Anchee Min spent her growing-up years in China during the violence of the Cultural Revolution. She worked in labor camps and was taught to fear and hate the capitalist Americans. But when she had the chance to leave behind the privations and difficulties of her country, she took it and moved to America. She was granted a visa to study at an art college in Chicago, and she had to find ways to learn English and take classes in that foreign tongue, all while supporting herself and living on next to nothing. She worried constantly about the debt she owed to a family friend who sponsored her to come to the United States and about the possibility of not gaining residency and being sent back to China, letting down her whole family.
When Min finally finished school and later gained residency, she had one less concern, but she still had constant financial troubles. She also was unsure about herself and her whole life. She ended up living with a male Chinese art student for six years, before she decided she wanted a child and got pregnant at age 34. The two then married, but it wasn’t a happy union, and they were divorced within a few years, with Min getting custody of her daughter, moving to California, and trying to raise her with the values of hard work and dedication she wanted her to have, as opposed to the laissez-faire, enjoy-life attitude of her ex.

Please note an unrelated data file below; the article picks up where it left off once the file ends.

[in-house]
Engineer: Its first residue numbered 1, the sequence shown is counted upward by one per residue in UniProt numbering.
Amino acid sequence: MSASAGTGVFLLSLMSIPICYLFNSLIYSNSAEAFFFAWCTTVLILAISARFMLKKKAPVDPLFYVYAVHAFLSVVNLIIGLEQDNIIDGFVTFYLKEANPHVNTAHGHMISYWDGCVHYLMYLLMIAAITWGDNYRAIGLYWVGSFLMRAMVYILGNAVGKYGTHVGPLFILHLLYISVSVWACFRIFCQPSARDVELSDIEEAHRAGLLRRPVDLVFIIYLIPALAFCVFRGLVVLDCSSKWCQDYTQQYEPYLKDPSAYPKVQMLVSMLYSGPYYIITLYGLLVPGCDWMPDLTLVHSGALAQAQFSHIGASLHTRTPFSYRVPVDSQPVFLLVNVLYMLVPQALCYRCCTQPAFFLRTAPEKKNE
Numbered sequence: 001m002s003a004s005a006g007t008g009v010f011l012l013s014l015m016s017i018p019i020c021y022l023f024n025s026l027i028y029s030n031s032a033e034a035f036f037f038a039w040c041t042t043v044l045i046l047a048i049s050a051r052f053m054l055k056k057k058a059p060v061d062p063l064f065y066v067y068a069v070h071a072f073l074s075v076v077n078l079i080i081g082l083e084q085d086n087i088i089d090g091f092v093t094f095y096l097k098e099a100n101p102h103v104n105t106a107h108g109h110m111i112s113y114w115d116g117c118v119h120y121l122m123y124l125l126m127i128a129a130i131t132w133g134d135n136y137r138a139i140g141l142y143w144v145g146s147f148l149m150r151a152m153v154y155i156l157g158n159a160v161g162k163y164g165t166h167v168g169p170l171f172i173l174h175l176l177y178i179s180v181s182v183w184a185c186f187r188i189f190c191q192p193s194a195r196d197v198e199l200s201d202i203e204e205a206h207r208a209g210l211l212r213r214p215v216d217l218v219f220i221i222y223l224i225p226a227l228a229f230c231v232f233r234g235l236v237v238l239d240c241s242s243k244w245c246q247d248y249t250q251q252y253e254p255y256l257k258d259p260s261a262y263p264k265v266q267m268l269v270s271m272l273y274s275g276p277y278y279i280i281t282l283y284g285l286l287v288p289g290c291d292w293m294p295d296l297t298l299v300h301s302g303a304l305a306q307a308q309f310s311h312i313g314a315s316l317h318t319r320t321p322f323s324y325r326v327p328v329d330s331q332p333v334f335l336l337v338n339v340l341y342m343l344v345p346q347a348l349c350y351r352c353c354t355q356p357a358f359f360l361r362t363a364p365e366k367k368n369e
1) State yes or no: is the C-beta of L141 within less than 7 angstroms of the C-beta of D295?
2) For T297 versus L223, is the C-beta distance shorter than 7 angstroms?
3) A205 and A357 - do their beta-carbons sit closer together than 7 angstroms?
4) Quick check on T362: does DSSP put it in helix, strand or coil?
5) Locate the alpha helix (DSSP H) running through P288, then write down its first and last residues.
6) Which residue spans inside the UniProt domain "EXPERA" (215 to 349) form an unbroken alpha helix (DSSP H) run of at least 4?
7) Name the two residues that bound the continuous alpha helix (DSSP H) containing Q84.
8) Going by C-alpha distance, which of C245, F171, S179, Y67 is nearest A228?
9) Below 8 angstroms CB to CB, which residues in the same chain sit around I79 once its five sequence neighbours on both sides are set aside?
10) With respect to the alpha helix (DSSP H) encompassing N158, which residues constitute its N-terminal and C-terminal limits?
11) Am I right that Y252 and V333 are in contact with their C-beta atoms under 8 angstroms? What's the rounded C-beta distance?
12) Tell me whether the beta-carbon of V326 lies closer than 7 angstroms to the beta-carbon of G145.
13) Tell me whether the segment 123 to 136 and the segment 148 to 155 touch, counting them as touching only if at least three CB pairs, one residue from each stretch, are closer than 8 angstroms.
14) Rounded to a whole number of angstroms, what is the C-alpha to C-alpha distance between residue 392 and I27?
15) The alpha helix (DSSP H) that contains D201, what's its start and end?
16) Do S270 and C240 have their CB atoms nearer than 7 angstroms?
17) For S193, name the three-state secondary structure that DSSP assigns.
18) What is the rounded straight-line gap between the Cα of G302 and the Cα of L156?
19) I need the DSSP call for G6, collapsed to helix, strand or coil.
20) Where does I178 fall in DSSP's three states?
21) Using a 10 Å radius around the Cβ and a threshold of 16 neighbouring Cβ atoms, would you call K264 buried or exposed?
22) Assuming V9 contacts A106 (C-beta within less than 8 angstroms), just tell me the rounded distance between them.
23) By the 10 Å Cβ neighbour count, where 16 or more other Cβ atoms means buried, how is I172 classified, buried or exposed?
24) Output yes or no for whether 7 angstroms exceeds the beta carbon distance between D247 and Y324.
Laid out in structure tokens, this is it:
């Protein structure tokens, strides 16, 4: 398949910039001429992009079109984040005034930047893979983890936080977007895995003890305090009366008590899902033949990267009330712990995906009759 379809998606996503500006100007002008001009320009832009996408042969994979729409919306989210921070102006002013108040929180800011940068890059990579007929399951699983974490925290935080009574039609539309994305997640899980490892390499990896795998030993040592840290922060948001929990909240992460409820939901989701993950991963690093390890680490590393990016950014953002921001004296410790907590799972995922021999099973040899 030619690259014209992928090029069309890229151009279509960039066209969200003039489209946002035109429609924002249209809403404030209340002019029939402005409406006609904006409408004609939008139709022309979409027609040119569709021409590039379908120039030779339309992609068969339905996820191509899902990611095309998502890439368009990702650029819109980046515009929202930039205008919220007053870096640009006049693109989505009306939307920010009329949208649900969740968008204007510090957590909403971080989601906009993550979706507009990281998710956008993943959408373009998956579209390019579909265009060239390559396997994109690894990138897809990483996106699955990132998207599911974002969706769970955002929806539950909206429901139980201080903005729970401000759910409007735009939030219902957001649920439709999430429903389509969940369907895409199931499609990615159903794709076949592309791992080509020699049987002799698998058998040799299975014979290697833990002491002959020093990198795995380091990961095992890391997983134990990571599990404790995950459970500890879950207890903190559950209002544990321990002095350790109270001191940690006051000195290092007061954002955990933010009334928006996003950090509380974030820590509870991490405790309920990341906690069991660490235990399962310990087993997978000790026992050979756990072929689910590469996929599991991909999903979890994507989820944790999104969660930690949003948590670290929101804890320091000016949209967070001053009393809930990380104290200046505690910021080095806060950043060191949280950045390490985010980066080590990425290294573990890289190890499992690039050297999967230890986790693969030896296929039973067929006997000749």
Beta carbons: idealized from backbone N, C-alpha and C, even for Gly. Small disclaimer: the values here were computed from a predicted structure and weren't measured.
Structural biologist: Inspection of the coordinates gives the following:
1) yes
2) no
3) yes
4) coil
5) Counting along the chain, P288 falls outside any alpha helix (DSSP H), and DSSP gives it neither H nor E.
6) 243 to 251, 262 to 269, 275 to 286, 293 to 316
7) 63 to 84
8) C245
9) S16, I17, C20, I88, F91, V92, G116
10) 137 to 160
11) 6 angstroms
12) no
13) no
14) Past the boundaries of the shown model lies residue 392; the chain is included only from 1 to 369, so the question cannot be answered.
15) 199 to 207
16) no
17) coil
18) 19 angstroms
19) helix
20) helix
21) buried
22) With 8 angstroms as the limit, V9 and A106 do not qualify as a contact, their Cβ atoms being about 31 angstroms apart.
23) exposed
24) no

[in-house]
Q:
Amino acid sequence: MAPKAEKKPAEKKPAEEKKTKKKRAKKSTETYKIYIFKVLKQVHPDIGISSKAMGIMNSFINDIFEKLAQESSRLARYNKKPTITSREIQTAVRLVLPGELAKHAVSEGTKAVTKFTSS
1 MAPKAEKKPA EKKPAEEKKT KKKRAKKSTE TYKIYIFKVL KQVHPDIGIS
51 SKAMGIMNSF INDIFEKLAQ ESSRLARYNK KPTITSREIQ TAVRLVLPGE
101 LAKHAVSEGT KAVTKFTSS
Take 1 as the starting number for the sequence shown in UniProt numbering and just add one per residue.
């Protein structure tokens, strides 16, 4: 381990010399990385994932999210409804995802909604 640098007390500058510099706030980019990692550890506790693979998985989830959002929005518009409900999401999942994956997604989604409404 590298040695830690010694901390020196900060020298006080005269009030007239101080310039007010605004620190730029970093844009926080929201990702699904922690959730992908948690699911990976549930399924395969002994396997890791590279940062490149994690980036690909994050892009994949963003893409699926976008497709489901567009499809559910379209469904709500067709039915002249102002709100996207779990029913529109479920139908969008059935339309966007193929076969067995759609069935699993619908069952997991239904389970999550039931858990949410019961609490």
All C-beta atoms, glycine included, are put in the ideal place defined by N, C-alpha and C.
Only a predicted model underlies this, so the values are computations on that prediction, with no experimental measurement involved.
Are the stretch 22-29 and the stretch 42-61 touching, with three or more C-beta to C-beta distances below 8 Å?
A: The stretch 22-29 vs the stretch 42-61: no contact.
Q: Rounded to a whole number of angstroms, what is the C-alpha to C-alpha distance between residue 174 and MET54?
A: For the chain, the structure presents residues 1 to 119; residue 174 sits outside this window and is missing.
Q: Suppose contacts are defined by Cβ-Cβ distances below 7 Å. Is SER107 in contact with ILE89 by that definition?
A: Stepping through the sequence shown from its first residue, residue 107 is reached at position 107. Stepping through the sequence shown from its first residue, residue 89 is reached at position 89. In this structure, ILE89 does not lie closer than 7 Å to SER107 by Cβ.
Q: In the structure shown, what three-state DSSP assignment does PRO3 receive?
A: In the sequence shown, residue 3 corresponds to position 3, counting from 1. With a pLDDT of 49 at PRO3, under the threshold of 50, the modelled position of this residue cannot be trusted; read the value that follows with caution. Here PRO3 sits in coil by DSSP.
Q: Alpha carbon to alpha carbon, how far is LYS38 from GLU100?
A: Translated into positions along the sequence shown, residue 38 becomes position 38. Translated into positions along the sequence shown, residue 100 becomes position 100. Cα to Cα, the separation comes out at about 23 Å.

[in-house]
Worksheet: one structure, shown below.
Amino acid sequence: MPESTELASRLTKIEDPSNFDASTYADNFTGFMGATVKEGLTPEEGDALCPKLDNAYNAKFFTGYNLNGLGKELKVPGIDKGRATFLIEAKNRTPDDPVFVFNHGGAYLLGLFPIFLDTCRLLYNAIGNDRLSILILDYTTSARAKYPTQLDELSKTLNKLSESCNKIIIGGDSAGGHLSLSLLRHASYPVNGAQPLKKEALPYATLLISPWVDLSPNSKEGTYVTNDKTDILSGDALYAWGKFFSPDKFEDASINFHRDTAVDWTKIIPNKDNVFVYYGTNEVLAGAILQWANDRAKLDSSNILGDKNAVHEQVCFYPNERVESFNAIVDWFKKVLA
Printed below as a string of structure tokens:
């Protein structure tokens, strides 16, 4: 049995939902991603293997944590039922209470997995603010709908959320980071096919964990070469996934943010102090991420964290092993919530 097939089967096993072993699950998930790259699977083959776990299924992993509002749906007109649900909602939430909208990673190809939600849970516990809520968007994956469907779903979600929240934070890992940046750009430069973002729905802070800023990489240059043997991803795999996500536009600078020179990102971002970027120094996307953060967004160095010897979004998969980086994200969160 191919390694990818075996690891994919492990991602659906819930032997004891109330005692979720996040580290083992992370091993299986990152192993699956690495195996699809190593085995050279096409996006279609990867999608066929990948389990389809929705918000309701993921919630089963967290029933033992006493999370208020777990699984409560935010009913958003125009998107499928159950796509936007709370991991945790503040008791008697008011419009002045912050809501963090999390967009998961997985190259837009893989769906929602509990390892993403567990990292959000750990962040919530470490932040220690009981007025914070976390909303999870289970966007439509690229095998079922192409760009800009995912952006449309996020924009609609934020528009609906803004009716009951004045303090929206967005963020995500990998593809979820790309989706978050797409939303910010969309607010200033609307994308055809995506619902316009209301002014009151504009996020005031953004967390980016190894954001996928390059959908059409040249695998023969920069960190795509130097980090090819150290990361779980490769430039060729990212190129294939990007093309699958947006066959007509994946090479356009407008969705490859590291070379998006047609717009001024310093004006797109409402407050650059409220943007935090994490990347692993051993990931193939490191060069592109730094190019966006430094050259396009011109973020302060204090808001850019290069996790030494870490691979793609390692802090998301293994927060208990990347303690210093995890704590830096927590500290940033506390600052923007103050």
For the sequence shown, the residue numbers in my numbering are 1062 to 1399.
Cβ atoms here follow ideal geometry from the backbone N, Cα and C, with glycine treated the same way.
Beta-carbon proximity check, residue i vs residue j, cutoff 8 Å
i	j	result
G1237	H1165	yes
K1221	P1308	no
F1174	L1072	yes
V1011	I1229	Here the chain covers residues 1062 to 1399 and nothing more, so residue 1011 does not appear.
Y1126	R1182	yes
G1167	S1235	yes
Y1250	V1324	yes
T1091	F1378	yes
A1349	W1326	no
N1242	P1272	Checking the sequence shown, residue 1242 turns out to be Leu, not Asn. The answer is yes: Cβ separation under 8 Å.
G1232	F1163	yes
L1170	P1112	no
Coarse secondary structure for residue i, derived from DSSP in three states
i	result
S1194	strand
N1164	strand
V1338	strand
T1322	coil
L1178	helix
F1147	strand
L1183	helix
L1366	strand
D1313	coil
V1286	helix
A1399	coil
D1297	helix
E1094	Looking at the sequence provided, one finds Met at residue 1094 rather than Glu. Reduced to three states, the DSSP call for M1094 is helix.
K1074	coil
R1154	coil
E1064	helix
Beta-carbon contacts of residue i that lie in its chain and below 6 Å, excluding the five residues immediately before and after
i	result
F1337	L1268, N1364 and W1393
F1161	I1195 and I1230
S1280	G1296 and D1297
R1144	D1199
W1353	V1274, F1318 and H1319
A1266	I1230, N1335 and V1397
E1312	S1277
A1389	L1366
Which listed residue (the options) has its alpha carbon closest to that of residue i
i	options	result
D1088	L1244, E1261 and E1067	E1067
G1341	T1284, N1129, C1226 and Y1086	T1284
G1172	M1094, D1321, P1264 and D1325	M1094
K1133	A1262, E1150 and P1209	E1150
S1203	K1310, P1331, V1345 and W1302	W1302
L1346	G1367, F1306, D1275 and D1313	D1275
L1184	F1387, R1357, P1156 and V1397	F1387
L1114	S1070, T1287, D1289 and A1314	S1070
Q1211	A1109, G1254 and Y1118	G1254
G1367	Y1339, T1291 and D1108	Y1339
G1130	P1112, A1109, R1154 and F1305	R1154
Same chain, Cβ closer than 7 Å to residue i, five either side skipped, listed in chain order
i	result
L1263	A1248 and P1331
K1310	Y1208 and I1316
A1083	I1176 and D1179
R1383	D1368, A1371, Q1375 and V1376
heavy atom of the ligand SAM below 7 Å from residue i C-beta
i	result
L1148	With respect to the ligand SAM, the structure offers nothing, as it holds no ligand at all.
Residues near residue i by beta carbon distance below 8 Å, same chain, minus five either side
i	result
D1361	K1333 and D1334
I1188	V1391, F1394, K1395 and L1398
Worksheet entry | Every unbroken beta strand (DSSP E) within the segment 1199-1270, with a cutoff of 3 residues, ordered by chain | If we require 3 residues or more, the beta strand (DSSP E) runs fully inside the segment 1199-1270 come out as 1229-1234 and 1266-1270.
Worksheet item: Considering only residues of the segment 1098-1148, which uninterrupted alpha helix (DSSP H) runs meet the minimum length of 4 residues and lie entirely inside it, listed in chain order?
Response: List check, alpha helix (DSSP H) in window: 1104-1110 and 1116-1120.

Even after publishing her first memoir nearly 20 years ago about her early years, Red Azalea, Min struggled in many ways. One might expect her life here to have been more comfortable than what she had in China, but that doesn’t usually seem to have been the case through most of the book. It’s painful to read about the deprivations she endured here in a land of supposed plenty. Despite (and because of) her many challenges, Min eventually finds happiness and security and a sense of who she is, including joy with a new and good husband, and it’s so satisfying to see her journey through to its conclusion.
Rated: High, for eight uses of strong language and some other uses of milder language (the f-words are concentrated in two places, basically). There are fairly brief references to two rapes, one a bit more detailed and upsetting than the other, and some other violence. Other sexual references are brief and fairly mild.